(Bloomberg) -- U.S. prosecutors who charged former Autonomy Corp. Chief Financial Officer Sushovan Hussain disclosed for the first time they may be investigating other people and other possible offenses related to Hewlett-Packard’s money-losing acquisition.
Hussain is scheduled to make his first U.S. court appearance Thursday after arriving from England to face charges he schemed to inflate the price of Autonomy’s $11 billion takeover by Hewlett-Packard in 2011. In a court filing late Tuesday, the U.S. acknowledged its investigation extends beyond Hussain.
The U.S. “continues to investigate the involvement of other persons and the possibility of other offenses arising from the facts and circumstances of this case,” lawyers wrote in a document signed by Hussain’s lawyer as well as prosecutors. Other possible targets weren’t named in the filing.
Autonomy co-founder Michael Lynch, along with Hussain, faces a lawsuit filed by Hewlett-Packard in London seeking $5.1 billion. The Palo Alto, California-based company accuses them of making false claims about Autonomy’s performance and financial condition to boost the company’s value. Hussain was charged Nov. 10, five years after Hewlett-Packard admitted that its acquisition of Autonomy was a bust.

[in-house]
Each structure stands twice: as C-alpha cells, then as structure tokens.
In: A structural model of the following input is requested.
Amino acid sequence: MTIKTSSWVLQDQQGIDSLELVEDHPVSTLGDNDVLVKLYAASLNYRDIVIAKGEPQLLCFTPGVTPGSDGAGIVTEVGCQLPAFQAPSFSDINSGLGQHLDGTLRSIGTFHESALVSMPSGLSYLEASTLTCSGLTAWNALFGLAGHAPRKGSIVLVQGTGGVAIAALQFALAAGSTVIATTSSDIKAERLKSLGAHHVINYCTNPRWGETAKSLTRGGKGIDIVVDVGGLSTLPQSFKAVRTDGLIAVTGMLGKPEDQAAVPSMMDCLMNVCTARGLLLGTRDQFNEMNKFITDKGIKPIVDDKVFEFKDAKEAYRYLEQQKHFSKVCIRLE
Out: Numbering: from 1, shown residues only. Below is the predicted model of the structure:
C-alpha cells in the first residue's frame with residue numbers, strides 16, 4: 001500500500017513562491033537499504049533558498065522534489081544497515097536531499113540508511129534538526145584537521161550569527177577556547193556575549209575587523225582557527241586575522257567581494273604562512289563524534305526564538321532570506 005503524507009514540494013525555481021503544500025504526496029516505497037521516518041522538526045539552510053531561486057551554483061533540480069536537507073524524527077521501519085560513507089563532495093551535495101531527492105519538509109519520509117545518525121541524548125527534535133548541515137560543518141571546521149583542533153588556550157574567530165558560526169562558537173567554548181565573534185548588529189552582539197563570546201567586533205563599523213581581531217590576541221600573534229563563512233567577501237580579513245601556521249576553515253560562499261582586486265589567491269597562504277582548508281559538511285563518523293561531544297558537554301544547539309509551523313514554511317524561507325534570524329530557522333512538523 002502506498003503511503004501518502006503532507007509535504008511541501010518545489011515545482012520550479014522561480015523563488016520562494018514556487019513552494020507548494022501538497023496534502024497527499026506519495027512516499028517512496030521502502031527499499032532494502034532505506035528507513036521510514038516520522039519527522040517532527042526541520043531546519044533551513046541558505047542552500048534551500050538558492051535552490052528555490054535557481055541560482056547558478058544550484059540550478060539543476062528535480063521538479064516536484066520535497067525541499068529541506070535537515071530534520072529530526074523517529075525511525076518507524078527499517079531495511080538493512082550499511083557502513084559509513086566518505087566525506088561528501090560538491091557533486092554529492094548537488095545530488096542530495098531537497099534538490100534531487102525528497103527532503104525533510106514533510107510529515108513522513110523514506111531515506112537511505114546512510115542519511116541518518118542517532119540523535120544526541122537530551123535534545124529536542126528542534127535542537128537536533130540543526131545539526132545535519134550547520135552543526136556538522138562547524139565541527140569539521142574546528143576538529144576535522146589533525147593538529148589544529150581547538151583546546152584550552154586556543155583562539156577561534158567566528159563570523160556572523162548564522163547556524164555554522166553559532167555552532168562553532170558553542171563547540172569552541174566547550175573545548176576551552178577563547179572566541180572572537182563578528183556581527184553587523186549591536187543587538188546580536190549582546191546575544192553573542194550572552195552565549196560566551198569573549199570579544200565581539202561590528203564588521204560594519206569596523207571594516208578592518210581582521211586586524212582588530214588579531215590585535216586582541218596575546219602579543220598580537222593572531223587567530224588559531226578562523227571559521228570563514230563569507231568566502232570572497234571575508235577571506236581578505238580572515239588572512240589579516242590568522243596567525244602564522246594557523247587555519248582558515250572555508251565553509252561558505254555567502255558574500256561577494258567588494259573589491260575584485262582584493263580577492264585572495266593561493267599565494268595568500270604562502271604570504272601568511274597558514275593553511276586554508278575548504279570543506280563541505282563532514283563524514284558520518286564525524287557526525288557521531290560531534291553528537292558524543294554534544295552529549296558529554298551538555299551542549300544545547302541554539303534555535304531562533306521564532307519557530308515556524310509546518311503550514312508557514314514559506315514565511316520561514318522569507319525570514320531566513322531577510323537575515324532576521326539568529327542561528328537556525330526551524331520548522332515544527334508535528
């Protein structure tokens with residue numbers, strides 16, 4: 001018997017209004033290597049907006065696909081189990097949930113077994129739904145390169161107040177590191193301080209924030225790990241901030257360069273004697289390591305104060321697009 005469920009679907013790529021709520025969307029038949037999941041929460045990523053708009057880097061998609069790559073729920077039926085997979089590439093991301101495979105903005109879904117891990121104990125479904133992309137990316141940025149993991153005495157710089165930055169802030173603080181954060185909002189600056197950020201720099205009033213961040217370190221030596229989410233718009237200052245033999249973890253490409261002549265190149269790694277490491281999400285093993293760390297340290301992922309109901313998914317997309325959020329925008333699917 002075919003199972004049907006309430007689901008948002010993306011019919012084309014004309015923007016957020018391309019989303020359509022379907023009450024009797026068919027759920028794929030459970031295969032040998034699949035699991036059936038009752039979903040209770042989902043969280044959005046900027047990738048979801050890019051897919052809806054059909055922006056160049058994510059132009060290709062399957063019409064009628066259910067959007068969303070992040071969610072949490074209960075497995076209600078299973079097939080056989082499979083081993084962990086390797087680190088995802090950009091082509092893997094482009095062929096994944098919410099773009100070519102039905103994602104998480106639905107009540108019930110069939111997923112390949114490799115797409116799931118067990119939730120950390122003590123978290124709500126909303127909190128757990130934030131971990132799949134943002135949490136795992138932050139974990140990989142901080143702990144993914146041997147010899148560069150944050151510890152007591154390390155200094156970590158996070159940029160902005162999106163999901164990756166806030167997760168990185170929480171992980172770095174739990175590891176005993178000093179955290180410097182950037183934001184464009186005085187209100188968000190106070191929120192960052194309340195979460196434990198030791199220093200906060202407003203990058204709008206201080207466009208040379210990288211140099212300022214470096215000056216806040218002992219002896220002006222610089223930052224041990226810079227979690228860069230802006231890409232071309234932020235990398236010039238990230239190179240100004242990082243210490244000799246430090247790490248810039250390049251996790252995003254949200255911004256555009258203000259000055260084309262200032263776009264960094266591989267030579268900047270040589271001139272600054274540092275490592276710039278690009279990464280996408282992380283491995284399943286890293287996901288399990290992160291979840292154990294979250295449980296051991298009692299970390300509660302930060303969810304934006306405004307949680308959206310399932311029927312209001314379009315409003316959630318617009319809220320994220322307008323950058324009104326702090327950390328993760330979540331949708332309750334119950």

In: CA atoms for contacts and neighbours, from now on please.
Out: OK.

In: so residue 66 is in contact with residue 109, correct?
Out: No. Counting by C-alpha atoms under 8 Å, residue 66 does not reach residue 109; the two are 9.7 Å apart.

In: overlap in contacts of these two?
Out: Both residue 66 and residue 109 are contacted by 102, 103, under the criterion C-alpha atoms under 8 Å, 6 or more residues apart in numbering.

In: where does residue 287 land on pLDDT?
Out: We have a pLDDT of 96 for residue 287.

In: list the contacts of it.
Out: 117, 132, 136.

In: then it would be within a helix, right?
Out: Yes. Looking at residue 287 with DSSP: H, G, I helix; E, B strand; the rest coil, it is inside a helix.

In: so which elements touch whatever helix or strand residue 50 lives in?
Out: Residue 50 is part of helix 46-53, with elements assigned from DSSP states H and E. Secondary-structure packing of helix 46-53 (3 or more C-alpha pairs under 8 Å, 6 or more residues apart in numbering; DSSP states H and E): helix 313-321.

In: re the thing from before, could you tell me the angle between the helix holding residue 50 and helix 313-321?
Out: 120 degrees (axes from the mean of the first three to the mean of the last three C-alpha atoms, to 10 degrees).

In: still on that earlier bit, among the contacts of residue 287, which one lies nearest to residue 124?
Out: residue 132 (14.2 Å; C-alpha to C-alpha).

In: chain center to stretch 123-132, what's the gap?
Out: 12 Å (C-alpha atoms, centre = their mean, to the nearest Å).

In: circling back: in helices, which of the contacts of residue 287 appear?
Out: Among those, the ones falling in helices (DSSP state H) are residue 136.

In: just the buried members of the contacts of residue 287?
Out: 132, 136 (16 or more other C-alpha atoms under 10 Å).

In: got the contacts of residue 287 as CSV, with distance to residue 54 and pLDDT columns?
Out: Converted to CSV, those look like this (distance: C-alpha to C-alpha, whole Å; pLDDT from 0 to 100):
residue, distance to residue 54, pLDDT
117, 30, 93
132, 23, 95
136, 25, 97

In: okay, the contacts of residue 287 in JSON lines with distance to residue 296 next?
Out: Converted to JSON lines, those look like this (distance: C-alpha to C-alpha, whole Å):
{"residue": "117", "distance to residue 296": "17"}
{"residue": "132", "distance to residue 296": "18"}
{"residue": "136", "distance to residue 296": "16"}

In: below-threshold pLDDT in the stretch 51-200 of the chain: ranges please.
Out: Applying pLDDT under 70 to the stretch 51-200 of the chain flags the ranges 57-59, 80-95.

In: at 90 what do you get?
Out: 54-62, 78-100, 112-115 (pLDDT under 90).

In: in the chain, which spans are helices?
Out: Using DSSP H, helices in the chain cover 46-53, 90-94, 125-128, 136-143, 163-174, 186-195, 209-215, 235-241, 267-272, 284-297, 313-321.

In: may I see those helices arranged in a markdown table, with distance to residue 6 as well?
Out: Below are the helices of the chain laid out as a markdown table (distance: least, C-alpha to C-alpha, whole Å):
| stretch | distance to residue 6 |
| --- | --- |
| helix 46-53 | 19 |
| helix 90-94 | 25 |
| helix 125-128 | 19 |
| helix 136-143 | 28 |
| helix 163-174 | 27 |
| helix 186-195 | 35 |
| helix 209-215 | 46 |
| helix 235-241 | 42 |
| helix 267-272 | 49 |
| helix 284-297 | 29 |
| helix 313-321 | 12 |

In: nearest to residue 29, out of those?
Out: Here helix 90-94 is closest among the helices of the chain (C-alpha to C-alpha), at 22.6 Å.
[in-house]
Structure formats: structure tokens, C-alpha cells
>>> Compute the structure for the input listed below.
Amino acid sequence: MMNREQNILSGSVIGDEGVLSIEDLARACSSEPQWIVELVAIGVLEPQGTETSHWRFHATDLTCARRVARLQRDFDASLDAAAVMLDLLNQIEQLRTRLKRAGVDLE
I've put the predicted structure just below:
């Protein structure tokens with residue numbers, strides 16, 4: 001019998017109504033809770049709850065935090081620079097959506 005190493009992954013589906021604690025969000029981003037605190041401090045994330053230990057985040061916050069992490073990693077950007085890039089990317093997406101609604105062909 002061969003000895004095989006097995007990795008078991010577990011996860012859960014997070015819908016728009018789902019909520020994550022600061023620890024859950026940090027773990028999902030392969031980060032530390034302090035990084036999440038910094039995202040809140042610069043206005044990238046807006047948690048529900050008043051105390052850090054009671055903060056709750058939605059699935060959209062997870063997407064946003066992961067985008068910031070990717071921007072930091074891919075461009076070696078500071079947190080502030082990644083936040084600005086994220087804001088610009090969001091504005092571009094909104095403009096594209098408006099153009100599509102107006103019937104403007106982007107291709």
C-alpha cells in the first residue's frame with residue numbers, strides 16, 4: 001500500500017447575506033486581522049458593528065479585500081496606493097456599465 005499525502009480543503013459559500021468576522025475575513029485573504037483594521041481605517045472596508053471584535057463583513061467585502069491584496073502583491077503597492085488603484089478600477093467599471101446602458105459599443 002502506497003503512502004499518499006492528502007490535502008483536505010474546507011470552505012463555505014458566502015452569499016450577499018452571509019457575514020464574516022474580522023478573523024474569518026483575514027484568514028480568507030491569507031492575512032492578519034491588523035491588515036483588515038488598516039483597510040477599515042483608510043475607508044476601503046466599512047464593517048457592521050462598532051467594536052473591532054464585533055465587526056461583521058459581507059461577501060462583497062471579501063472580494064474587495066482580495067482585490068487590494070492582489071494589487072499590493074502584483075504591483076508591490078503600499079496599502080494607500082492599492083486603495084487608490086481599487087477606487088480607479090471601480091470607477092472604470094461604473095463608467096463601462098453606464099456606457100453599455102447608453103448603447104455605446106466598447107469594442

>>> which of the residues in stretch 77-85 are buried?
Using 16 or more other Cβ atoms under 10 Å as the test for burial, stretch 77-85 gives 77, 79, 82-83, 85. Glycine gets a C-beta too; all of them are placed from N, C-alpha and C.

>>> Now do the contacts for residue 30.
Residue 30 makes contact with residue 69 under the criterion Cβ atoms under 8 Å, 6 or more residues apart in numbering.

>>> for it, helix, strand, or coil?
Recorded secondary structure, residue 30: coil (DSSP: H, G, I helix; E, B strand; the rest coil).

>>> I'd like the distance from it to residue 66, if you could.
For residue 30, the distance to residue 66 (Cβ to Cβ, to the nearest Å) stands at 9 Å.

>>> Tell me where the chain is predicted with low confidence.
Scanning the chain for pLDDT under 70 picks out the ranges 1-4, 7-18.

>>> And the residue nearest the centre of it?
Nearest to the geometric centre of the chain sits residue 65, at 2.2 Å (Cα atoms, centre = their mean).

William Portanova, a former federal prosecutor, said previously that it’s unlikely Hussain would be the only participant in conference and video calls described in the indictment in San Francisco federal court.
David Satterfield, a spokesman representing Hussain’s lawyer John Keker, had no immediate comment on the filing. Abraham Simmons, a spokesman for the U.S. Attorney’s Office in San Francisco, didn’t immediately respond to an e-mail after regular business hours Tuesday seeking comment on it.
Keker has said Hussain was innocent of wrongdoing and that it was a “shame" the U.S. Justice Department was doing Hewlett-Packard’s bidding by charging him. He has also told U.S. District Judge Charles Breyer that his client is eager to go to trial.
According to the Tuesday filing, the government on Thursday will turn over to Hussain witness interviews done by the Federal Bureau of Investigation as well as “other third party reports of witness interviews.”
Keker and government prosecutors agreed in the filing that while Hussain is prohibited from sharing that information with subjects of the ongoing investigation, he may ask witnesses or their lawyers about the interviews.
This case is U.S. v. Hussain, 16-cr-00462, U.S. District Court, Northern District of California (San Francisco).